In our minds, at some time, all of us have thought of killing or abducting someone. When angry or apprehended at the wicket-keeper for dropping a catch, or just pissed off at someone for splashing cold water, we often shout out threats, may be not meaning it, but with full intensity. We have all had this feeling of kidnapping our teacher before the night of the test, or we have all made imaginary plans in our hostel rooms to do anything to leak the exam paper. However, despite our so-called-evil intentions, all of us are not criminals, and the law does not criminalize us for such intentions and threats. Imagine, if one’s thoughts or mere motives and intentions could be criminalized?
Introduction – The nature of Criminal Law
The nature of criminal law is such, that it does not punish the mere thought of a crime; it seeks to stop the commission of a crime, and punishes if one is committed. The broad stages of a crime are as follows:
Intention – Preparation – Attempt – Commission
The position of law is clear that it only starts to criminalize and penalize any action once it reaches the “attempt” stage, and beyond. The foundation of criminal law is principally based on this structure to set a higher standard of activity which falls within the ambit of criminal acts. Therefore, only when a particular act is an attempt towards criminality or is a commission of a criminal act in itself, can criminal law be applicable, to subject a person to be called a criminal. Setting a higher standard to decide what is and isn’t a crime is in the interest of the general public to provide more certainty to the aspect of violation of another individual’s sovereignty, and to bestow upon the state the requisite amount of powers that they need for the protection of people, against what may be a crime. Therefore, the state can and should punish robbers and murderers, once they have been established as one, and not by mere speculation or apprehension. It also suits the colloquial meaning of the word crime, where the act is something substantial.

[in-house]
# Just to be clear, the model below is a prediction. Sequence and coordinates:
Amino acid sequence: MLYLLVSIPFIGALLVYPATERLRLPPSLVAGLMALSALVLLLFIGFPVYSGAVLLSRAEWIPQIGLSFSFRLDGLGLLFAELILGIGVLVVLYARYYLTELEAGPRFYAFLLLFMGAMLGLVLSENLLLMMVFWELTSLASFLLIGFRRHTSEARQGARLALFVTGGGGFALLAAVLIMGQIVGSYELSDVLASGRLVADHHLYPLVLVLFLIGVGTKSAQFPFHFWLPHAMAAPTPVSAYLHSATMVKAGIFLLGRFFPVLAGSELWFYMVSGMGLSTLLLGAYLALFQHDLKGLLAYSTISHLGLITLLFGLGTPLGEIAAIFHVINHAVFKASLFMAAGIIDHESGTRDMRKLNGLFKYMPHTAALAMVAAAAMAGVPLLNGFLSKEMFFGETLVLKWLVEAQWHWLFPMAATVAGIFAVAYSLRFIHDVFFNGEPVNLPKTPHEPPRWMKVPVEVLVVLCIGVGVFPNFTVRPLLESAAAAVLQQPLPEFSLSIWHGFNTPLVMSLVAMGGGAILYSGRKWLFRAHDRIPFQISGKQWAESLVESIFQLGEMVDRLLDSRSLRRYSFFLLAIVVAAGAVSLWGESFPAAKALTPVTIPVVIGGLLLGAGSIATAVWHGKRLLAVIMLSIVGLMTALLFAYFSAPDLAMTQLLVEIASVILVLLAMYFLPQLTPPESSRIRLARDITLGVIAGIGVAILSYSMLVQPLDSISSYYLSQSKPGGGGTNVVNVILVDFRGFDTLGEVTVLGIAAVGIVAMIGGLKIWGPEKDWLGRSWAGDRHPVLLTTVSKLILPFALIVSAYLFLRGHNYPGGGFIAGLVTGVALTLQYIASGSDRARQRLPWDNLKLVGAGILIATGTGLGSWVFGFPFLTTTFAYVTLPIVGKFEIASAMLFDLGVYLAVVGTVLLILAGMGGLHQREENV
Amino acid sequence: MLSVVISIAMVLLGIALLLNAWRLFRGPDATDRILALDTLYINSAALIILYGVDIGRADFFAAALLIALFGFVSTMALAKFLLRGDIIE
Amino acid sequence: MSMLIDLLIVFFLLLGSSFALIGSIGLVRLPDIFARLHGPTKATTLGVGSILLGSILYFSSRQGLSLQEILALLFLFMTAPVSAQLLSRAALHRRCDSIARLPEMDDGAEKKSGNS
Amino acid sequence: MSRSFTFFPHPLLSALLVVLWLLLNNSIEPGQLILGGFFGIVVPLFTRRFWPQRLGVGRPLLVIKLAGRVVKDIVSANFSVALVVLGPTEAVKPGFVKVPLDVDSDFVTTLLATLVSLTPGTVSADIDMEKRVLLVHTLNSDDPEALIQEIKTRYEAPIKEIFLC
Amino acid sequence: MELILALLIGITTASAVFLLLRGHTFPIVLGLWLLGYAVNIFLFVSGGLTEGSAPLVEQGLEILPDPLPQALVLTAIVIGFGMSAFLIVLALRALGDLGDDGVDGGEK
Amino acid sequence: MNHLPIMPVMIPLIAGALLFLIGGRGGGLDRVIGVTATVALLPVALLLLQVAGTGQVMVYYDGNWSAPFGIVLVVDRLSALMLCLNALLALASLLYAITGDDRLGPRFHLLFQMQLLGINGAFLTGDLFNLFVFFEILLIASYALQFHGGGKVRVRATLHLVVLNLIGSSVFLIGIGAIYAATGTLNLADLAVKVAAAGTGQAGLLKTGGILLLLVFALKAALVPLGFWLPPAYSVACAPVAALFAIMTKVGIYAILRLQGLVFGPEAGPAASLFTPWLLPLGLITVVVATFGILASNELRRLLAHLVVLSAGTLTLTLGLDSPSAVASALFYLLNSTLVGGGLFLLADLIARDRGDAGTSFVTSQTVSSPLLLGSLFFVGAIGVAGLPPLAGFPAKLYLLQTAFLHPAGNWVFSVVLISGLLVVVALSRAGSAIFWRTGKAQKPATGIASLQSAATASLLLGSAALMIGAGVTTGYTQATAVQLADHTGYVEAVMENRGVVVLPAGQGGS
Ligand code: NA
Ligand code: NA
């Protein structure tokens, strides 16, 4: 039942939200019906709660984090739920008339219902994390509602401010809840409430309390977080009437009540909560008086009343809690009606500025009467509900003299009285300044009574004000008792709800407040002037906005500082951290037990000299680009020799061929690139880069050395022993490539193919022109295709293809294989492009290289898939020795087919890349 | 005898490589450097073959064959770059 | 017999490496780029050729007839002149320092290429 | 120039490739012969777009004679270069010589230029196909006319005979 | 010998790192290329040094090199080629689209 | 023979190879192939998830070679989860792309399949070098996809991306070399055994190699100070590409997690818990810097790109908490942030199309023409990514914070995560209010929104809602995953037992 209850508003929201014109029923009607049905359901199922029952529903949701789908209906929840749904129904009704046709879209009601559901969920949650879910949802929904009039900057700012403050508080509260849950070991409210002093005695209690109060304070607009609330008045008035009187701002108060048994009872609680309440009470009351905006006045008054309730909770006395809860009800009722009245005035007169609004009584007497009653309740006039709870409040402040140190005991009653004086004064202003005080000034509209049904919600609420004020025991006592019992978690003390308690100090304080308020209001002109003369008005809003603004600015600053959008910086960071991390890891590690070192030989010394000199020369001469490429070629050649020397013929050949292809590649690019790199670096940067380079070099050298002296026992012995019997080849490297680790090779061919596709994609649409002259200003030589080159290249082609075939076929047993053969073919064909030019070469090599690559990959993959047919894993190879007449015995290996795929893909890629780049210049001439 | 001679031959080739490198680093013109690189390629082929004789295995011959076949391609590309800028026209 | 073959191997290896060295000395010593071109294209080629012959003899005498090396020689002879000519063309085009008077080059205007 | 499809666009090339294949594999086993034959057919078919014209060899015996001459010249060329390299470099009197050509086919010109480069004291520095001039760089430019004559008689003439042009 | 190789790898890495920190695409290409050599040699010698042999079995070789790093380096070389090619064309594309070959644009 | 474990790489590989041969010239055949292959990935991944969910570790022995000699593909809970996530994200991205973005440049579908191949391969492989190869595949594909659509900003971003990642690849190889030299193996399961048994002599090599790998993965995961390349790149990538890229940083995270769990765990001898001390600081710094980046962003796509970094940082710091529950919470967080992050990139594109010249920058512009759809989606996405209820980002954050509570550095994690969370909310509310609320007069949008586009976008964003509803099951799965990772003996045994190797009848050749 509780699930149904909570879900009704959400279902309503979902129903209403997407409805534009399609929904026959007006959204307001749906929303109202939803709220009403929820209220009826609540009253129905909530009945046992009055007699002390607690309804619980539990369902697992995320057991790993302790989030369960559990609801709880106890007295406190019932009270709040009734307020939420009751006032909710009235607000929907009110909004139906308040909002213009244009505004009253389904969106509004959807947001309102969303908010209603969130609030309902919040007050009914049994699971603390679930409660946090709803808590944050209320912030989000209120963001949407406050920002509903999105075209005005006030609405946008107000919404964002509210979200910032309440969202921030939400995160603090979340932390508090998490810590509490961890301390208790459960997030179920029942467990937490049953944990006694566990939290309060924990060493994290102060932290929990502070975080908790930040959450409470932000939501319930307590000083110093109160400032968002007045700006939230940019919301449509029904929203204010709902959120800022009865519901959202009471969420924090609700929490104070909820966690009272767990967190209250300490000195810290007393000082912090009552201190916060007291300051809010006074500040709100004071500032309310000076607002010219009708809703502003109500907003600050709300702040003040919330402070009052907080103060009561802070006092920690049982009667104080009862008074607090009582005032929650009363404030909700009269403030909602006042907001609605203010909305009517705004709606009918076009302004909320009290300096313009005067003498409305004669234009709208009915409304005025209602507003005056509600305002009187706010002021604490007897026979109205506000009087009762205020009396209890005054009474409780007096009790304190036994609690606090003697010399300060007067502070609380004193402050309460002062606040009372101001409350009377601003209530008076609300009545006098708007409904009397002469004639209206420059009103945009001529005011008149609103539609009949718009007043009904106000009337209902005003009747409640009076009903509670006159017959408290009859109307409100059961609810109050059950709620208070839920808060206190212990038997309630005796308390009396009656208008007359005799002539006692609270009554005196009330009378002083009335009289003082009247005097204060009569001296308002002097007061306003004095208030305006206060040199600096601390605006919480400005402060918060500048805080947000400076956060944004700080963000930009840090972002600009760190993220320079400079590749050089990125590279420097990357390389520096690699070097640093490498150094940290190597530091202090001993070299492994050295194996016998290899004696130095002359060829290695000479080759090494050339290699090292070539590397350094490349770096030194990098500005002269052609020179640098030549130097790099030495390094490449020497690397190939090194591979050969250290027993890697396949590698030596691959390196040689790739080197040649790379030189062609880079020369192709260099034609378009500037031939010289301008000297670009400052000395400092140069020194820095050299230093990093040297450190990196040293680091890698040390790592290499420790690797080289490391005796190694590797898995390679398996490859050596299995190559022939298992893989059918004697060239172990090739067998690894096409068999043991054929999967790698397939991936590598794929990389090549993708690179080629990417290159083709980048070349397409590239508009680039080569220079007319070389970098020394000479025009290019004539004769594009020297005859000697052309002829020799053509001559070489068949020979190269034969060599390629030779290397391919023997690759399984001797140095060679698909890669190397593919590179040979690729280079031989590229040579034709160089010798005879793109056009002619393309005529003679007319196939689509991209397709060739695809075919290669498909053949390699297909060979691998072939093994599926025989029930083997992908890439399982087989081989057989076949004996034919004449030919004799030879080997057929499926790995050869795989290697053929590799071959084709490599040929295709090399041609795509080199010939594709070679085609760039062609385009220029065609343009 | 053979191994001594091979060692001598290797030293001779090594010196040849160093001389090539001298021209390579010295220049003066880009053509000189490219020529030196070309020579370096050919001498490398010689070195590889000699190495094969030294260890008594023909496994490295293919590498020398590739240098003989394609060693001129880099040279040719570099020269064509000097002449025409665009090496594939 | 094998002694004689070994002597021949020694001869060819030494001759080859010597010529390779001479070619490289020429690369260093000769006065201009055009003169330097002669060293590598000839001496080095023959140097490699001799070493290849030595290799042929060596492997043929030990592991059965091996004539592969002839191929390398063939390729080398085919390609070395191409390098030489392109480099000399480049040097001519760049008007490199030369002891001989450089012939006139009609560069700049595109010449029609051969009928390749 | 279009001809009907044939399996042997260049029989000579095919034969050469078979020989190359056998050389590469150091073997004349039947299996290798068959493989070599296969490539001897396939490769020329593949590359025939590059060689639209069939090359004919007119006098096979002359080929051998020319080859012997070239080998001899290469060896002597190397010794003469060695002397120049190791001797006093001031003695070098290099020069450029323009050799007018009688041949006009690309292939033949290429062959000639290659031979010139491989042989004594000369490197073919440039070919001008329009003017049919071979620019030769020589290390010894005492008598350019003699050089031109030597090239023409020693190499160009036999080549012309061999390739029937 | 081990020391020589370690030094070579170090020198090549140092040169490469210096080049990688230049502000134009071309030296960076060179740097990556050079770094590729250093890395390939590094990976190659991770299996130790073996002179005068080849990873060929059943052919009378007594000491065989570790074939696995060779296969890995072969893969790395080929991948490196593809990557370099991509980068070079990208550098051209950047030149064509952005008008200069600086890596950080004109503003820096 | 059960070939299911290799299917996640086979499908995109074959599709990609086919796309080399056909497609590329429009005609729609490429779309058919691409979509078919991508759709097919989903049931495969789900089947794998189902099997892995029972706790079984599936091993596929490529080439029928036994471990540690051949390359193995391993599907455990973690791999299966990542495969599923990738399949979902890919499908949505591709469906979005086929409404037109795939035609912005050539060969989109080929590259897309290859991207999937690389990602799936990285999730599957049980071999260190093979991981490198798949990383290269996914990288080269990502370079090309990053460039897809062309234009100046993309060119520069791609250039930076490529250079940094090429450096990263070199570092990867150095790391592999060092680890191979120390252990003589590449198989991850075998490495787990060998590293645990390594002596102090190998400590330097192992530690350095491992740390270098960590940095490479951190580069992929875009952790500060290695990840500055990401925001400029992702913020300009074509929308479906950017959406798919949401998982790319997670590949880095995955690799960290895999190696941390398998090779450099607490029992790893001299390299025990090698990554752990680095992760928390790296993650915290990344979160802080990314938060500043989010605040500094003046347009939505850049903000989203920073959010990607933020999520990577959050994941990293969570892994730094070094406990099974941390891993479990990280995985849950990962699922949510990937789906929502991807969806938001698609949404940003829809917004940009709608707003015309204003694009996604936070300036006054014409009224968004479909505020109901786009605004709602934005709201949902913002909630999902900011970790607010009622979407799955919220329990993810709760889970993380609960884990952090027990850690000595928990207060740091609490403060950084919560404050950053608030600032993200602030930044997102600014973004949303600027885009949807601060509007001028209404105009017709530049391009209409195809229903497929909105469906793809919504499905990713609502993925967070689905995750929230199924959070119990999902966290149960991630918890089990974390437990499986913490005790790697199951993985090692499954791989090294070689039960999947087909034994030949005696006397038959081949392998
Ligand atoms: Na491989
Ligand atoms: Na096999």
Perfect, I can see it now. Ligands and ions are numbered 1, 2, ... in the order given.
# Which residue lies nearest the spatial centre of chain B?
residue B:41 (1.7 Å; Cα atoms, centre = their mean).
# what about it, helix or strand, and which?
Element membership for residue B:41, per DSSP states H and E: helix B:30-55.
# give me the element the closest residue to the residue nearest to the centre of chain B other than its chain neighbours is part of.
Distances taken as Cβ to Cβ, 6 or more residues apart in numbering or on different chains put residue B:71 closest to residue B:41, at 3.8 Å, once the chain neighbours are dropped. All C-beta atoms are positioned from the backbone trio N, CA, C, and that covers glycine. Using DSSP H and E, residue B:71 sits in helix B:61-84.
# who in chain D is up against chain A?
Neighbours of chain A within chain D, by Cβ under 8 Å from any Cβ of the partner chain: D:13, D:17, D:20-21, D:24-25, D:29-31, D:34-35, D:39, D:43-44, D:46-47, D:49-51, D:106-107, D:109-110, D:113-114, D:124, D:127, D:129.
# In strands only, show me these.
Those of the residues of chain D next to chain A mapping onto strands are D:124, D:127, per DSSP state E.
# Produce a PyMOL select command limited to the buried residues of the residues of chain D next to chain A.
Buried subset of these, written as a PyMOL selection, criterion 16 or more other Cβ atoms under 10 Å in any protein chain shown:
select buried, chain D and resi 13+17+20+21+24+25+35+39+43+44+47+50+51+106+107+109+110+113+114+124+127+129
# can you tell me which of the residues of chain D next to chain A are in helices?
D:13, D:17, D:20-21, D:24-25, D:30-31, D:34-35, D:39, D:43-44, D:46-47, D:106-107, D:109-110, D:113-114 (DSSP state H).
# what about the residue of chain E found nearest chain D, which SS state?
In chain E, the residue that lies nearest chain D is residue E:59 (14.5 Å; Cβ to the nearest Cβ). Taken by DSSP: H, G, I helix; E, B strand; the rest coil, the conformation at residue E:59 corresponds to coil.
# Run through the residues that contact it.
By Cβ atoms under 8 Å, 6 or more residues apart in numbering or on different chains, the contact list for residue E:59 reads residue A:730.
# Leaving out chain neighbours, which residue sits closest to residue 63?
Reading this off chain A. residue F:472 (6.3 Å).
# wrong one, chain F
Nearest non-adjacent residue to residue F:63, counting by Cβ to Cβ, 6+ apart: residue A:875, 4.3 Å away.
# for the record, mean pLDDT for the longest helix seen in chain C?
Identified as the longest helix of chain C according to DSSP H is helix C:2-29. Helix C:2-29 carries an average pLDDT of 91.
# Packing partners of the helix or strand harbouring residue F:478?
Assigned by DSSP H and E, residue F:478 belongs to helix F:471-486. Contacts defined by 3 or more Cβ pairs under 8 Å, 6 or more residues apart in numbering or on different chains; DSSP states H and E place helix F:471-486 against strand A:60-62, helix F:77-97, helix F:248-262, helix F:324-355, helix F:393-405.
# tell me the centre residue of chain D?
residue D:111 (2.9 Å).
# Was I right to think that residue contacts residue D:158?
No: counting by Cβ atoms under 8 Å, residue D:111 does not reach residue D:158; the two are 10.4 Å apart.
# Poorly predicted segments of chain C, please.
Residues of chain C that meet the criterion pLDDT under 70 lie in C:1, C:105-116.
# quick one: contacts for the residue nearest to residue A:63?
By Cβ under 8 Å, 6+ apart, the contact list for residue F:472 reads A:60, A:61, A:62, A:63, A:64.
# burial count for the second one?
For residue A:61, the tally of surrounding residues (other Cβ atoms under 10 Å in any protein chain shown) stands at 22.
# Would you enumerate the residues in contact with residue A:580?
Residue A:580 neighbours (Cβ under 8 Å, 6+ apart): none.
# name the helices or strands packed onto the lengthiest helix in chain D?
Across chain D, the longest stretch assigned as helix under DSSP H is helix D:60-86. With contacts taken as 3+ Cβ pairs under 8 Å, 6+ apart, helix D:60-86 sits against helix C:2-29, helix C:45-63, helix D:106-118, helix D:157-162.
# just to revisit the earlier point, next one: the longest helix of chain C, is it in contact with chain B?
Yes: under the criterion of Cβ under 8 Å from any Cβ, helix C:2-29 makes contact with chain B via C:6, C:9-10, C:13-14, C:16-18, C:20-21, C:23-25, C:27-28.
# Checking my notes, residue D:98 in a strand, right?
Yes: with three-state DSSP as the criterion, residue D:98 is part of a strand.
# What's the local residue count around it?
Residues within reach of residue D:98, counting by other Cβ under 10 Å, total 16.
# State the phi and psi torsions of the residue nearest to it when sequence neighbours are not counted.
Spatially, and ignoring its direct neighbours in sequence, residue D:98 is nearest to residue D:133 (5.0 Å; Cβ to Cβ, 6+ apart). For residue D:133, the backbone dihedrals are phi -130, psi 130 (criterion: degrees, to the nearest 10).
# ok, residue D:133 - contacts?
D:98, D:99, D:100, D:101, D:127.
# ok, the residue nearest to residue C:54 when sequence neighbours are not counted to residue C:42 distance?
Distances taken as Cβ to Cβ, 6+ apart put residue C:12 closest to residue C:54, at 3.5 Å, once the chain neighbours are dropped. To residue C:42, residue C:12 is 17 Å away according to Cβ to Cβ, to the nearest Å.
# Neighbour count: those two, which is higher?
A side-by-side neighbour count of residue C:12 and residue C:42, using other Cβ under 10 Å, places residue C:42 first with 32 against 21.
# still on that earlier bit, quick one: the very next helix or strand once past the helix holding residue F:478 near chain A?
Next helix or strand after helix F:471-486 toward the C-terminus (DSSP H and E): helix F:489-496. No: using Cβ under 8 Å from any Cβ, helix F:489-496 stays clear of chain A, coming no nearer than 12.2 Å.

Such a principle is implicitly underpinning the statute, as the IPC defines each type of crime to be fundamentally punishable when successfully attempted or committed. The purpose for punishing a crime is to get retributive justice when a criminal has broken some law, or has violated another individual’s rights. It would be wrong to punish someone even before any law is broken.
However, the chapter V-A if the Indian Penal Code, 1860, which is the chapter on ‘criminal conspiracy’ goes beyond the ambit of such inherent principles of criminal law. We shall see how.
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